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Three to see at LFF if you like... Iranian films

Elhum Shakerifar recommends three hot tickets at this year’s BFI London Film Festival: a film by an established director, a breakthrough and a wild card.

Elhum Shakerifar

5 October 2017

The new film from an established director...

Beyond the Clouds

What’s it about?

On the run from the police, Aamir finds refuge with his estranged sister Tara. Their proximity brings up a painful past, but when Tara is imprisoned for defending herself against an attack, Aamir makes it his mission to get her freed. In the process he befriends the attacker’s family, whom he begins to treat as his own.

Who made it?

Majid Majidi is one of Iran’s most celebrated directors. His first feature, Baduk (1992), premiered in Cannes’ Director’s Fortnight and was followed by a string of award-winning features, including The Colour of Paradise (1999), Baran (2001) and The Song of Sparrows (2008). His 1998 film Children of Heaven was the first Iranian film to be nominated for an Academy Award..

What’s special about it?

Street smart and charismatic, Aamir is conflicted by contradicting emotions – wanting to hate a helpless family because they are connected to his sister’s attacker, and yet unable to deny them a safe place in his sister’s home when he sees they have nowhere to go; wanting to harm them to settle his debts, and yet feeling drawn to the quiet happiness of family ties that they bring into his life.

It’s enthralling to see Majidi’s familiar poetry transposed to the colourful streets of Mumbai’s slums – telling a story of ordinary people who are prisoners of circumstance but striving for a better life. But most enchanting of all are the brief musical interludes, where a distinctive local cinematic tradition surfaces to the sound of a dynamic score by Oscar-winning composer A.R. Rahman.


The breakthrough...

Israfil

What’s it about?

A tightly woven reflection on lost love, loneliness and life choices, told through the prism of three intersecting lives: unexpectedly reunited childhood sweethearts Mahi and Behrooz, and Behrooz’s young fiancée Sara. 

Who made it?

Iranian director Ida Panahandeh’s highly anticipated second feature follows her hugely praised 2015 film Nahid, which premiered in Cannes’ Un Certain Regard section, where it also won the debut prize Un Certain Regard Avenir prize. She’s a strong and compelling new voice in Iranian cinema.

What’s special about it?

In bringing together seemingly disparate lives, Israfil explores the journeys our life choices may take us on and the long-term repercussions of unspoken words. It begins in the most unlikely of circumstances: at the funeral of Mahi’s young son – a successful wrestler, who died suddenly in a car crash. A fight erupts, a first glimpse of an unsettled past. Behrooz is among those paying his respects, an unexpected guest, who has returned from two decades in exile to meet his fiancée Sara for the first time.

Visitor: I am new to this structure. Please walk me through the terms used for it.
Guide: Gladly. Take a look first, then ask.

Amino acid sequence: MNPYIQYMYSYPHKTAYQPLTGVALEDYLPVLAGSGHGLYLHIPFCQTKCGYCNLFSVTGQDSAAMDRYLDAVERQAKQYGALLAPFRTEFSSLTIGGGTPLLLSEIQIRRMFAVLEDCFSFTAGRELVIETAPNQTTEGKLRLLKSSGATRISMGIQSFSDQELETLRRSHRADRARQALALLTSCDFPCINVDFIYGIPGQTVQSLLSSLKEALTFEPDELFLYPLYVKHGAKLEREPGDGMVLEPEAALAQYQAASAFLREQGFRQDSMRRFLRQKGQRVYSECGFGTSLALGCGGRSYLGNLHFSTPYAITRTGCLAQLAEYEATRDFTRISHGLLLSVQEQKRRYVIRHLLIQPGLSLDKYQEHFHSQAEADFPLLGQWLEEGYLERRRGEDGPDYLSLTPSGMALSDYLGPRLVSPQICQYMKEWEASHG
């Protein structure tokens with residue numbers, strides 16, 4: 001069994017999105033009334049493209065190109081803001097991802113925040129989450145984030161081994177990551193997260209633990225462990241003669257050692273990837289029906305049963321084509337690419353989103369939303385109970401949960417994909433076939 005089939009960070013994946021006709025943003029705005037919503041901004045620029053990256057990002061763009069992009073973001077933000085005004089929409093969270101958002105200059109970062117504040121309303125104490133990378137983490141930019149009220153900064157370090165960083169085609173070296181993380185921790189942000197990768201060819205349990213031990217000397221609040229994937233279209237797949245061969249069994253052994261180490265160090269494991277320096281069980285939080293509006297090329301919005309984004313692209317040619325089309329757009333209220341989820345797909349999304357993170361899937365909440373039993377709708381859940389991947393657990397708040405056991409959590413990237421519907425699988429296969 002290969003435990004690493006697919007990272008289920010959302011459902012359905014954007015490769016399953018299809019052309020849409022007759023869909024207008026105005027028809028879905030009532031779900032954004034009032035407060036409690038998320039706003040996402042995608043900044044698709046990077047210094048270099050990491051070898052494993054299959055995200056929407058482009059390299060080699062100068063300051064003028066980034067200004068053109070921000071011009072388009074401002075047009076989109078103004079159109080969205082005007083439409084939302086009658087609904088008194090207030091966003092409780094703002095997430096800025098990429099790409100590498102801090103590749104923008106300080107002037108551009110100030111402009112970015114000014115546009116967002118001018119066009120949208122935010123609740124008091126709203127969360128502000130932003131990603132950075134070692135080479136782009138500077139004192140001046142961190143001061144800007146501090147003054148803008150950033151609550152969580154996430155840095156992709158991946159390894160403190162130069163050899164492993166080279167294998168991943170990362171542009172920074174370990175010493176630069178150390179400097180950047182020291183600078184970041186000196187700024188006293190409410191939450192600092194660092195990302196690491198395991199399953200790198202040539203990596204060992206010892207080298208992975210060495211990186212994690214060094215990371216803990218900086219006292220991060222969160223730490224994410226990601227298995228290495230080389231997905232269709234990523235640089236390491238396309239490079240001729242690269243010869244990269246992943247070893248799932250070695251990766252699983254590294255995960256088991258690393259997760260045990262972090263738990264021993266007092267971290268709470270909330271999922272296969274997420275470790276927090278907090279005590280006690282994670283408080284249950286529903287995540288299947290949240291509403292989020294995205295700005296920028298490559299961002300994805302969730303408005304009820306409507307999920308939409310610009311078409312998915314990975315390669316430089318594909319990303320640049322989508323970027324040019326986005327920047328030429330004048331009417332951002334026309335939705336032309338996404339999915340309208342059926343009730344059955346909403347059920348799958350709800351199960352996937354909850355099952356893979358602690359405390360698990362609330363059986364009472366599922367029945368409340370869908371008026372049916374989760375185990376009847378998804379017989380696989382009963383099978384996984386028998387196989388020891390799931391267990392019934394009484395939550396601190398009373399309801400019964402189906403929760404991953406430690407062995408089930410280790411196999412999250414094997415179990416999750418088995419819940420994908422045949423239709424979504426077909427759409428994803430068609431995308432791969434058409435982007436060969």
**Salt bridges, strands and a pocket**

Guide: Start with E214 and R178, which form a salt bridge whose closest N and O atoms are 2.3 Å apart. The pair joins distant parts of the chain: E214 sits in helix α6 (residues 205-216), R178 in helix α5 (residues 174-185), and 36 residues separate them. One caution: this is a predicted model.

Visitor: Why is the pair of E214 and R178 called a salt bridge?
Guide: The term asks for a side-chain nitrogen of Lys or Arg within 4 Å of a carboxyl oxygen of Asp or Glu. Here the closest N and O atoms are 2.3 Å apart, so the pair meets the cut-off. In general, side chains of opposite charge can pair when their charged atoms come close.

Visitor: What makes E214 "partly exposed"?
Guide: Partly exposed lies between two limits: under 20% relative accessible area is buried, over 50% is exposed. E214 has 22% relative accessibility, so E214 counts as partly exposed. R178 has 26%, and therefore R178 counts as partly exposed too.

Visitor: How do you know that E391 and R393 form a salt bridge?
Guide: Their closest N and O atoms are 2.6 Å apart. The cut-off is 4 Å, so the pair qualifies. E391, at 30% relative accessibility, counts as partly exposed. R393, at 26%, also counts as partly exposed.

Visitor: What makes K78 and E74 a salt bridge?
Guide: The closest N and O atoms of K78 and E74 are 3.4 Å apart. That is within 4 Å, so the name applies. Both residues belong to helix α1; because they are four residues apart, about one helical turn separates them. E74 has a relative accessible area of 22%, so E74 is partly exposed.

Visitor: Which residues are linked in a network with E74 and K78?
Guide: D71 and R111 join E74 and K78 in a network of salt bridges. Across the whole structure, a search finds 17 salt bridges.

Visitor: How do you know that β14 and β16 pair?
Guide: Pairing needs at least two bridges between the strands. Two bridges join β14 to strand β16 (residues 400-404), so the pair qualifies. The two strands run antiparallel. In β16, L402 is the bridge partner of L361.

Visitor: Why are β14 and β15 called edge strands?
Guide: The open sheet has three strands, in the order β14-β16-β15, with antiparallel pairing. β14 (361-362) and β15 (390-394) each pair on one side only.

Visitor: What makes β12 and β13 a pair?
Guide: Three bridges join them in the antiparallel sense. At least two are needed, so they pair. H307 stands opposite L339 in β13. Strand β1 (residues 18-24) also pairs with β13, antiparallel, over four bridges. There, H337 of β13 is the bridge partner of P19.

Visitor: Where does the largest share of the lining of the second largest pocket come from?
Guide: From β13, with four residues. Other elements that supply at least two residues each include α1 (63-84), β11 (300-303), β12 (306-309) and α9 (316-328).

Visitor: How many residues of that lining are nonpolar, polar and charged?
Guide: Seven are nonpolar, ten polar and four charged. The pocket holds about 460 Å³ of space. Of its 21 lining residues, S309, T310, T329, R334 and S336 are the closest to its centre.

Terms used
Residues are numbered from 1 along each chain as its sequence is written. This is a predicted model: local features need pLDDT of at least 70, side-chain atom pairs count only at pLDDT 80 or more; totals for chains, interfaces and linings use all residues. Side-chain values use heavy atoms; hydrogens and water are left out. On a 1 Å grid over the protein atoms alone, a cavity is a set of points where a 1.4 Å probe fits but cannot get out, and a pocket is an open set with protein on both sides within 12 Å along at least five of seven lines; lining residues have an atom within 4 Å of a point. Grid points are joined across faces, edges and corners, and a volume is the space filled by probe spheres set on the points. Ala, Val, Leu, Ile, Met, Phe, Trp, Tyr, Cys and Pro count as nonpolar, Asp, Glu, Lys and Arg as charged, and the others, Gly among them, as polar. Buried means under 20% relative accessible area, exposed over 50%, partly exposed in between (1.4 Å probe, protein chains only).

After a lifetime spent caring for her disabled mother, Sara is both at odds with her brother about how best to care for her and determined to take a step towards having a life of her own. But their nascent relationship is hindered by Mahi and Behrooz’s reunion, which stirs up a painful past. Panahandeh deftly paints a picture of why their young love wasn’t allowed to flourish, bringing into focus the impact of what was denied.


The wild card...

Before Summer Ends

What’s it about?

A film of beautiful simplicity and huge heart. Arash, Hossein and Ashkan, three Iranian friends living in France for their studies embark on a road trip around the south of the country. A film about friendship, told through a colour palette of faded pastel, referencing the nostalgia of the end of summer.

Who made it?

This is an impressive debut by director Maryam Goormaghtigh, a micro-budget documentary/fiction hybrid, improvised over two weeks by Goormaghtigh and her friends. The film opened 2017’s Cannes ACID – an annual showcase held by France’s Association for the Distribution of Independent Cinema, held alongside the main Cannes festival every year.

What’s special about it?

An affectionate observational lens follows the three friends as they camp in the wild, swim in rivers and lounge on faded beaches away from the usual tourist trappings. Rarely have I seen male friendship so affectionately portrayed, and Arash, Hossein and Ashkan’s genuine love and appreciation of each other is incredibly heart-warming – in particular as they coax each other to flirt with Charlotte and Michele, two traveling musicians they meet along the way.

There are moments of flashbacks to winding roads to the north of Iran – where domestic tourism is prevalent – bringing home a sense of dual belonging: the reality of being one person in one place, but knowing that you belong to another. The film is peppered with moments of Persian poetry and accompanied by a brilliant score referencing both home and away.

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